Jane Rigler, flutist, composer, educator and curator is known for her innovations in new flute performance, techniques and unique musical vocabulary. She is a featured performer in contemporary music festivals throughout the U.S. and Europe as a soloist as well as within chamber ensembles (Ensemble Plural, Either/Or, Ne(x)tworks, Ensemble Sospeso, Anthony Braxton 12tet, etc.). Besides premiering works written especially for her, Jane's compositions cover simple solo acoustic pieces inspired by language to complex interactive electronic works that pay homage to painting, poetry and dance. After receiving a B.M. (Northwestern University) and then pursuing flute studies in various parts of Europe and North America, she gained her M.A. and Ph.D. (UC San Diego) completing The Vocalization of the Flute, a book demonstrating both new and ancient methods of singing-while-playing the flute. Her expertise has led to performances in contemporary operas, experimental theater and dance events as well as other interactive electronic festivals. Her compositions are sought after by other flutists and have been performed in South Korea, Australia, France, Spain, and in concert halls and universities throughout the U.S.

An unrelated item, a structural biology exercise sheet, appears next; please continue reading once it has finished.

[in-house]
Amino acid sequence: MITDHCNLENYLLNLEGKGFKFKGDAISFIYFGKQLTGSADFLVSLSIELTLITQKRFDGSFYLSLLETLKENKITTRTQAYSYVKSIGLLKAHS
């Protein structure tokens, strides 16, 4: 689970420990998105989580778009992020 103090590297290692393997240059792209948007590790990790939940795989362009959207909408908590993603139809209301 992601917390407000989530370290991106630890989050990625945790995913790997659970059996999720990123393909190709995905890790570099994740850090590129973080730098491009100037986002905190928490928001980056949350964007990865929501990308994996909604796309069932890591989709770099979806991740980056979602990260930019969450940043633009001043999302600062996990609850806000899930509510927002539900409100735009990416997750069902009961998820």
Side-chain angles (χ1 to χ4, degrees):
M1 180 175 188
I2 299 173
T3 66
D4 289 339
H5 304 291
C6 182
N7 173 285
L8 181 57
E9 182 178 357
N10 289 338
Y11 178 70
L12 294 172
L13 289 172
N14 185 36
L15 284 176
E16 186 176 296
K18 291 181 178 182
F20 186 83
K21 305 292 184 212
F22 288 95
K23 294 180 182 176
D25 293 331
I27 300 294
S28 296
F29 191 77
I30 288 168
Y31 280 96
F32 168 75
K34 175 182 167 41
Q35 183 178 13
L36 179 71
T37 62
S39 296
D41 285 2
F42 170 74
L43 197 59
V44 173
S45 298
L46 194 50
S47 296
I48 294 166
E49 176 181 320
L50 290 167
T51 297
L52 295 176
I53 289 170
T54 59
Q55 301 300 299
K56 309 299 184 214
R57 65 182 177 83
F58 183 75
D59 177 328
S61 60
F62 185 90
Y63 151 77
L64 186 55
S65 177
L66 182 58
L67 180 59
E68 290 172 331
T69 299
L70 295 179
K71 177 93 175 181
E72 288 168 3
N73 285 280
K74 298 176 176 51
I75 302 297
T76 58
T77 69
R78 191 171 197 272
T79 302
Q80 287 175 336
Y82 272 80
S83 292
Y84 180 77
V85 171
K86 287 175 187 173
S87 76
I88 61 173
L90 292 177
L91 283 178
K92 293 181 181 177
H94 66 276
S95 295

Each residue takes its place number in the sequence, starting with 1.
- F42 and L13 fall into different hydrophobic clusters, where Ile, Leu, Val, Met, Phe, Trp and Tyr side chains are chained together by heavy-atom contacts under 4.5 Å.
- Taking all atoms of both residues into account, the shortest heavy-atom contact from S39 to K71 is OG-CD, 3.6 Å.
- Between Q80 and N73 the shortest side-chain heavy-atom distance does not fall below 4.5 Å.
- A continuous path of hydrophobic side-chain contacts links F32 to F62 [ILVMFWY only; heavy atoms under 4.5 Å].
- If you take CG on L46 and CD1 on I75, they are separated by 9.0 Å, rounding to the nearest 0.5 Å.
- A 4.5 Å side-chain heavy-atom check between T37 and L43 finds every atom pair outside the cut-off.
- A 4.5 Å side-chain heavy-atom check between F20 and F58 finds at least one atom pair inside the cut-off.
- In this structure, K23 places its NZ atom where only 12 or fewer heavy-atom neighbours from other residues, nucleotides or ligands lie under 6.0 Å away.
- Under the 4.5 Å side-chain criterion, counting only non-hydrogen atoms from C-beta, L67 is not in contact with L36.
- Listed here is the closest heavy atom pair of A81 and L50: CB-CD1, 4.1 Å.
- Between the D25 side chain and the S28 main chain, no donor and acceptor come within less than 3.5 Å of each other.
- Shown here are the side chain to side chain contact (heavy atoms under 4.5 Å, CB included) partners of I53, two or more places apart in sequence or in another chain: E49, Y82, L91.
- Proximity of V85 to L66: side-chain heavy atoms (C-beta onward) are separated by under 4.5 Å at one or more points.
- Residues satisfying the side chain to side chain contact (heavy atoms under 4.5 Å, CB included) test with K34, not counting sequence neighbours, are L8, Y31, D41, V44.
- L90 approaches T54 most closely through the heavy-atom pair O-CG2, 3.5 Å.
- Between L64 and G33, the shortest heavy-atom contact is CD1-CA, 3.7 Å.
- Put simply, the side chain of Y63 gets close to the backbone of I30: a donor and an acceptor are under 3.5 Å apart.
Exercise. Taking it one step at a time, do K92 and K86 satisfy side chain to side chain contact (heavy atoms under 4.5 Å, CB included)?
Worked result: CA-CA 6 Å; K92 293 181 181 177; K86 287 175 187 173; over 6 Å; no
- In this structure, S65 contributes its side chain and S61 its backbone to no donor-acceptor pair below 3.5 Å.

Jane organizes events such as the Relay~NYC! held at MoMA, the Spontaneous Music Festival and has received support for her works from the Brooklyn Arts Council, Meet the Composer Global Connections, Harvestworks Studios, Art Omi and RPI's Create @ iEar Studios.

As an Artist Educator, Jane Rigler works with several arts organizations such as the Lincoln Center Institute and the Orchestra St. Luke's where she helped launch a Young Composer Program in the NY schools. Her most notable work is for the Manhattan New Music Project (MNMP) where she spent several years working and researching music education programs such as CME and CIAE for underserved populations and children with disabilities. Together with artist-programmer Zachary Seldess, she is currently co-designing and developing the Music Cre8tor (patent is pending), a new interactive sensor-driven music composition program for young people with disabilities.


She is a Japan-US Friendship Commission NEA/Fellowship winner for 2009.



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